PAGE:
World War II liberalized Proxmire and changed his mind about a business career. He served in the CIC— Counterintelligence Corps, or as he and his comrades-in-arms called it, “Christ, I’m confused.” This branch of the Army, supposedly its most efficient and self-critical, imbued him with strong feelings about the American military’s fallibility. It was a view of the innards of military bureaucracy denied to Mendel Rivers, John Stennis, and other nonveterans. Determined to pursue politics, Proxmire returned to Harvard for a degree in public administration, then chose a place to live almost solely on the basis of political opportunities offered newcomers. Wisconsin seemed openminded and desperate for Democrats. Proxmire took a $40-a-week job as investigative reporter on the Madison Capital-Times and enjoyed exploiting a since-repealed state law allowing the publication of individual state income tax returns. After an argument with his bosses on the subject, Proxmire was fired, then ran for and won a seat in the State Assembly in 1950. Democrats were so outnumbered and hard-up that the gubernatorial nomination of 1952 went to the Ivy League newcomer. He was drubbed by Governor Walter Kohler in 1952 and lost again in 1954. On his third try for governor, he ran into the Eisenhower landslide, and by the end of 1956 Proxmire’s political hopes were clouded in defeat. He had gone through a divorce—“a political casualty,” he calls it—had remarried, and planned to go into the printing business. Joseph McCarthy’s death meant a special election in 1957. Proxmire, the best-known name in the party, won the Democratic primary, then defeated Kohler for the Senate by 123,000 votes.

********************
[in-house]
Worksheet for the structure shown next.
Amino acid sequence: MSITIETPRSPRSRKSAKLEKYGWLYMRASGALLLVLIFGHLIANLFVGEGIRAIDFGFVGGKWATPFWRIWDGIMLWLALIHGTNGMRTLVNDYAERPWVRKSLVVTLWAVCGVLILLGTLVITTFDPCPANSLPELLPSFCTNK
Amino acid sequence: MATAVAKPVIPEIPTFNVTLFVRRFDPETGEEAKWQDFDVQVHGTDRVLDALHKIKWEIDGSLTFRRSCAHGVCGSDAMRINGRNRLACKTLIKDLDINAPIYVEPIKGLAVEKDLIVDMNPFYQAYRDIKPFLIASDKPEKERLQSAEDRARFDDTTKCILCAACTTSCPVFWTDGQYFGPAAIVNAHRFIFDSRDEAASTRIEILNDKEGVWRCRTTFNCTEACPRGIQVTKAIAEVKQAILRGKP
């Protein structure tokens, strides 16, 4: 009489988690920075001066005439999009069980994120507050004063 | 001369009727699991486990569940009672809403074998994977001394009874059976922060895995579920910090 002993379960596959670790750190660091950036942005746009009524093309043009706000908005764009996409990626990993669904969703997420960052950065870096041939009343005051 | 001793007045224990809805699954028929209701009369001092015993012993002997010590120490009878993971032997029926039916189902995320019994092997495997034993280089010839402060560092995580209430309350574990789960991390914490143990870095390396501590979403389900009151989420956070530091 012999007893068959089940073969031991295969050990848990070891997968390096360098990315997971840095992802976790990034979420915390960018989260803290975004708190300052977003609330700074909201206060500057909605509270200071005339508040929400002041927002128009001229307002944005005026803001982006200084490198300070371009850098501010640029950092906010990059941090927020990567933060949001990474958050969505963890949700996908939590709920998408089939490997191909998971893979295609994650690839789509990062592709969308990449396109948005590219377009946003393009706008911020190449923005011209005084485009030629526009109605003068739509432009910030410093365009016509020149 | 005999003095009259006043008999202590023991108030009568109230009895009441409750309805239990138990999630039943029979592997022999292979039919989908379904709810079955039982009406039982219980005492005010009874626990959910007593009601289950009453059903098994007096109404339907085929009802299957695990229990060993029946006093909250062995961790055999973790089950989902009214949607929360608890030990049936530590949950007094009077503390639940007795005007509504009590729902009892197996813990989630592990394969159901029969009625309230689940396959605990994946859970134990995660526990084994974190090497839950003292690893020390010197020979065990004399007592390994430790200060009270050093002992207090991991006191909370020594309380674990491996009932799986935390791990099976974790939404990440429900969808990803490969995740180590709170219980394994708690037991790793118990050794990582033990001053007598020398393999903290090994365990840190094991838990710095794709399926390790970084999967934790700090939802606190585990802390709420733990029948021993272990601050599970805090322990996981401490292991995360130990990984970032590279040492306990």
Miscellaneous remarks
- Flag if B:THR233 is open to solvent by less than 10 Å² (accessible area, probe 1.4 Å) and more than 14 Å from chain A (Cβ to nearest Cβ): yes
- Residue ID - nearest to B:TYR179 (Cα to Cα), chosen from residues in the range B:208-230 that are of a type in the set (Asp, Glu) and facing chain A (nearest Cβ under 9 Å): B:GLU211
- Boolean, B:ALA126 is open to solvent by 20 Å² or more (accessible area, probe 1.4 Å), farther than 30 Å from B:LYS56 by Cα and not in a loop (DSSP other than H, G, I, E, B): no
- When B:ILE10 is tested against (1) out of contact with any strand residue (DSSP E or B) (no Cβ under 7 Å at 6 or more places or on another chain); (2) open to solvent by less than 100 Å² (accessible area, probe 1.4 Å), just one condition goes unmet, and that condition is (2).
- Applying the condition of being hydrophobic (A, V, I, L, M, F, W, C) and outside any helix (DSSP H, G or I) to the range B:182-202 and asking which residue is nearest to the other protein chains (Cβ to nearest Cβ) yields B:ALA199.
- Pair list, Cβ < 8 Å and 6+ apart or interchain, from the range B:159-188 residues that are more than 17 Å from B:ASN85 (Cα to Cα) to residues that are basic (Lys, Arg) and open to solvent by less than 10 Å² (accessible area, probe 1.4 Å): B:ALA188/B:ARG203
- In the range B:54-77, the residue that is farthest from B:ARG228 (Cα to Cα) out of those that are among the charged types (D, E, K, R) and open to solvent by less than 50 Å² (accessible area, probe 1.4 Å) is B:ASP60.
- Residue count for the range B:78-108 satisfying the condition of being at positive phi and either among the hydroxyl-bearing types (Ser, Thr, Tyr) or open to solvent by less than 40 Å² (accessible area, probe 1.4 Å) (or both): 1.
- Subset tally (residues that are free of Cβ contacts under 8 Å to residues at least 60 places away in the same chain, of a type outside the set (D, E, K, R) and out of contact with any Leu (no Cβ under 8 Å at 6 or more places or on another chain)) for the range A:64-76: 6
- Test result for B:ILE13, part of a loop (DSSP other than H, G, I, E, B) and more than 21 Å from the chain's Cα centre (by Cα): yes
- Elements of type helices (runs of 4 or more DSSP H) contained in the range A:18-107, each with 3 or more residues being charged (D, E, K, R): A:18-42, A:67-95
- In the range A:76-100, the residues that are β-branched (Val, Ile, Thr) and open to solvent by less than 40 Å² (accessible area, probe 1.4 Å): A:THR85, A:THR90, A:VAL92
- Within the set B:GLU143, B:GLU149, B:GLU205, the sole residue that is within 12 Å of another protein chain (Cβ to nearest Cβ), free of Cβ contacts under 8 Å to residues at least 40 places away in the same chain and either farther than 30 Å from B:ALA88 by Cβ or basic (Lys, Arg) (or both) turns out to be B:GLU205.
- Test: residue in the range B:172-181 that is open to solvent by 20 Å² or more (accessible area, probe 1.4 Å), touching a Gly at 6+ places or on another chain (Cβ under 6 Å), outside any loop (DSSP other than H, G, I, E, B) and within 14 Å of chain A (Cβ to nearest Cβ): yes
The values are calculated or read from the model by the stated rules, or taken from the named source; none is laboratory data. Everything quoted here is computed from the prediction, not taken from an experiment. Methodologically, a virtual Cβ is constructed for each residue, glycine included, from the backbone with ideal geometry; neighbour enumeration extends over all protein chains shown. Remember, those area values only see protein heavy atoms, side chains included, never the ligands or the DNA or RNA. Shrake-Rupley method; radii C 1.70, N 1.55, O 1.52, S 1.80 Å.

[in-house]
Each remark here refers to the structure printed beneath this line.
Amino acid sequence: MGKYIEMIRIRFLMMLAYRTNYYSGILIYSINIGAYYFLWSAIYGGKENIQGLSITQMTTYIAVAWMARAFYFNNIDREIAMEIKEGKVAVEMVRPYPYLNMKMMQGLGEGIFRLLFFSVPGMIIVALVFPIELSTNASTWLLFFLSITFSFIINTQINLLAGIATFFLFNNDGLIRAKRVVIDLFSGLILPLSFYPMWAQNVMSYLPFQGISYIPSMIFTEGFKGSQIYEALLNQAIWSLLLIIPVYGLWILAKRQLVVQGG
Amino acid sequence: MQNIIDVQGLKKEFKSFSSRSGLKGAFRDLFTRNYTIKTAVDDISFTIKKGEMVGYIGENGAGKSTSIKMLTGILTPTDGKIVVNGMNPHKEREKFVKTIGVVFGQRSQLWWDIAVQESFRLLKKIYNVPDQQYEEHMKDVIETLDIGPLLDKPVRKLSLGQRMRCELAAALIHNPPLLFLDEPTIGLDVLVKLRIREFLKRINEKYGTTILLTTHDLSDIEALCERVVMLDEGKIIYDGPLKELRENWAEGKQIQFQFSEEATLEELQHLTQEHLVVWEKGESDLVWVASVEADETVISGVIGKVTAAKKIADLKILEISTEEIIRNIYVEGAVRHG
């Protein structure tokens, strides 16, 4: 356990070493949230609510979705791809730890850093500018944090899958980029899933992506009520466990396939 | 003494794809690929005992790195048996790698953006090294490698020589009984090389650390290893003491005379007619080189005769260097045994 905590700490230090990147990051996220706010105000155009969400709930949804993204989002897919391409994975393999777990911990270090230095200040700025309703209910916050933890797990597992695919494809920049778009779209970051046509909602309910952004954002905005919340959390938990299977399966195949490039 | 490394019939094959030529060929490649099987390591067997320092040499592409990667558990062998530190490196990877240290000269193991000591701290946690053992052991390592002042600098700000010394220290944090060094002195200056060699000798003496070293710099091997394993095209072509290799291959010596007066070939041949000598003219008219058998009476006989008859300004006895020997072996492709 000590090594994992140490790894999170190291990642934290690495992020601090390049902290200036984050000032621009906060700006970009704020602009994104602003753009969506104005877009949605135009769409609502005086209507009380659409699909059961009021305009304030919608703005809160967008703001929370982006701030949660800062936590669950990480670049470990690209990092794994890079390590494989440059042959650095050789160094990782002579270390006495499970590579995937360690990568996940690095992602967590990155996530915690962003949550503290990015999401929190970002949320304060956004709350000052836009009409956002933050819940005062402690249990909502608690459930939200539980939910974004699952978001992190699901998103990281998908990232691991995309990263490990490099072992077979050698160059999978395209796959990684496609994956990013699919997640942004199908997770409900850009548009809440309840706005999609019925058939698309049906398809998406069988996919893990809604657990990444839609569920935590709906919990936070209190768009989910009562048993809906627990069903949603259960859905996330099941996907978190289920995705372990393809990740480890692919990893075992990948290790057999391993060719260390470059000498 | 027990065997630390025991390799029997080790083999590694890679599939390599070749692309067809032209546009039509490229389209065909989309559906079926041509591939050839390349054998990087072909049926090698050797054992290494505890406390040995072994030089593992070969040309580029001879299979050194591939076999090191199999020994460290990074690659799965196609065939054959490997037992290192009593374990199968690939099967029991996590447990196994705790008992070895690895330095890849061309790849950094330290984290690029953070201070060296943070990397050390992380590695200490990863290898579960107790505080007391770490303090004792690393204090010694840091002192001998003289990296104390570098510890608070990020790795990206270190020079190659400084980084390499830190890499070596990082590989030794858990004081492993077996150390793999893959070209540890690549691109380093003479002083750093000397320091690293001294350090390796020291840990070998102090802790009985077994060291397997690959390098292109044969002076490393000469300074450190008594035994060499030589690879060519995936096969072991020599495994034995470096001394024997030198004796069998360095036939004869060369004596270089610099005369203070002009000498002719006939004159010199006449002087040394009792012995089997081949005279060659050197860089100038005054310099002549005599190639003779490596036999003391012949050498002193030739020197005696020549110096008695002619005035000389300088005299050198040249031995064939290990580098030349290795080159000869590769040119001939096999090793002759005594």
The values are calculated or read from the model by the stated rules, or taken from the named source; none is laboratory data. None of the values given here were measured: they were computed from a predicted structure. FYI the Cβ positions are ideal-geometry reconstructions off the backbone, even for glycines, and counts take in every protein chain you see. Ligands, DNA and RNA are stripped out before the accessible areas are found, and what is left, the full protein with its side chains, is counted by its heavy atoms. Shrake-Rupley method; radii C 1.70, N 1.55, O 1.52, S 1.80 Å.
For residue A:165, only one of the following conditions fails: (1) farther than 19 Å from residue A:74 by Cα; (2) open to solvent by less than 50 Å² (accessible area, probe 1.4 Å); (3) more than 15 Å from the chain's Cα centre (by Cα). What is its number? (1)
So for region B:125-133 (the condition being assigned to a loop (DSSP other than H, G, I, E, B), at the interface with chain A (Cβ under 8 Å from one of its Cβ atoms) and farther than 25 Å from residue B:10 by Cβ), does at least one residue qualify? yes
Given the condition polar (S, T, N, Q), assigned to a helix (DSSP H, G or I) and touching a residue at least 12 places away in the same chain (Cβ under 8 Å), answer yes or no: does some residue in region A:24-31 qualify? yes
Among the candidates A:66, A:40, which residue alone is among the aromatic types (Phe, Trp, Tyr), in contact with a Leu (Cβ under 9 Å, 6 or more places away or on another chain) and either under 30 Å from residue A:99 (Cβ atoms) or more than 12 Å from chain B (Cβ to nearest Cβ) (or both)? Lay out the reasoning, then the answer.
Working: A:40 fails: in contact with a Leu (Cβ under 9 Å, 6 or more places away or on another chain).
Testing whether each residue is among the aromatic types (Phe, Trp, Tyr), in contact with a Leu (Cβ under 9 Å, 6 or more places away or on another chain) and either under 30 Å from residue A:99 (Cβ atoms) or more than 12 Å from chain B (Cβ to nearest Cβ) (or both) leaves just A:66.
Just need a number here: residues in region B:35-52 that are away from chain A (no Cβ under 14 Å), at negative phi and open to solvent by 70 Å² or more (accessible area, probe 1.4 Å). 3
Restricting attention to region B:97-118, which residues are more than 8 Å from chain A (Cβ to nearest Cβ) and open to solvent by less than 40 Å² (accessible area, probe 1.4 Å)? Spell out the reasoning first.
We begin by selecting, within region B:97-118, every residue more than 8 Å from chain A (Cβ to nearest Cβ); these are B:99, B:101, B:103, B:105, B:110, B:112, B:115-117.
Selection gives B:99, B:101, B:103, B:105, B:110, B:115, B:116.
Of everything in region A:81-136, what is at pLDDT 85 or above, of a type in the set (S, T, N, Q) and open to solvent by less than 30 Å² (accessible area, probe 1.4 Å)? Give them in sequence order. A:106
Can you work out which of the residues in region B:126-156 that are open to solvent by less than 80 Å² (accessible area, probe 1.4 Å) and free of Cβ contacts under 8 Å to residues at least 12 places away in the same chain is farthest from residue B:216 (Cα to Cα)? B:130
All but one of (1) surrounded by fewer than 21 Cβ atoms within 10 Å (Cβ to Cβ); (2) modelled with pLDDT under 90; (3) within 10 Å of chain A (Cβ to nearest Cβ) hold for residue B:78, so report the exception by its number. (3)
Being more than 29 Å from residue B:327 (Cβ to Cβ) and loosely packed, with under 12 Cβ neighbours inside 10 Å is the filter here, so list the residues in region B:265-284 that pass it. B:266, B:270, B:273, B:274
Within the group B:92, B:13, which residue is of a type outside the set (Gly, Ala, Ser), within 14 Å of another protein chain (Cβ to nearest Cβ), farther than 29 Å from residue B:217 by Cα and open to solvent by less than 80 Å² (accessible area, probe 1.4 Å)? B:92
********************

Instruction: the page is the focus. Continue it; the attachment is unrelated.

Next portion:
Within the Democratic Party today, Proxmire stands on the ground occupied by Senator Edmund S. Muskie of Maine in 1966. Proxmire has diligently established credentials in the complex but nonideological field of defense spending as Muskie did with the environment issue. Muskie impressed fellow politicians with detailed inquiries into relatively arcane fields like intergovernmental relations; Proxmire has done the same with his Joint Economic Committee expositions on the functioning of the Federal Reserve Board. Muskie’s goals were minor, but probably realistic ones for achieving a slowdown on pollution. Proxmire’s sights are aimed realistically low too: he wants an annual “posture statement” from the Secretary of State as well as the Secretary of Defense against which to measure Pentagon budget requests; and the installation of “zero-base” budgeting, forcing bureaucrats to justify the year-to-year existence of a program instead of explaining only its annual increment.

If, as they did in 1968, the Democrats decide to choose their vice presidential nominee largely on merit, Proxmire’s name may be high on the roster. If not, he can look forward to a fruitful career in the Senate, where he is second-ranking man on the Banking and Currency Committee, due to be chairman of the Joint Economic Committee, and is one of the younger members of the Appropriations Committee. In the parlance of politicians, he is not visibly “moving around” like, say, Birch Bayh or Harold Hughes, in search of the vice presidency or what lies beyond. But until he slows down, there is reason to suspect that William Proxmire is going somewhere.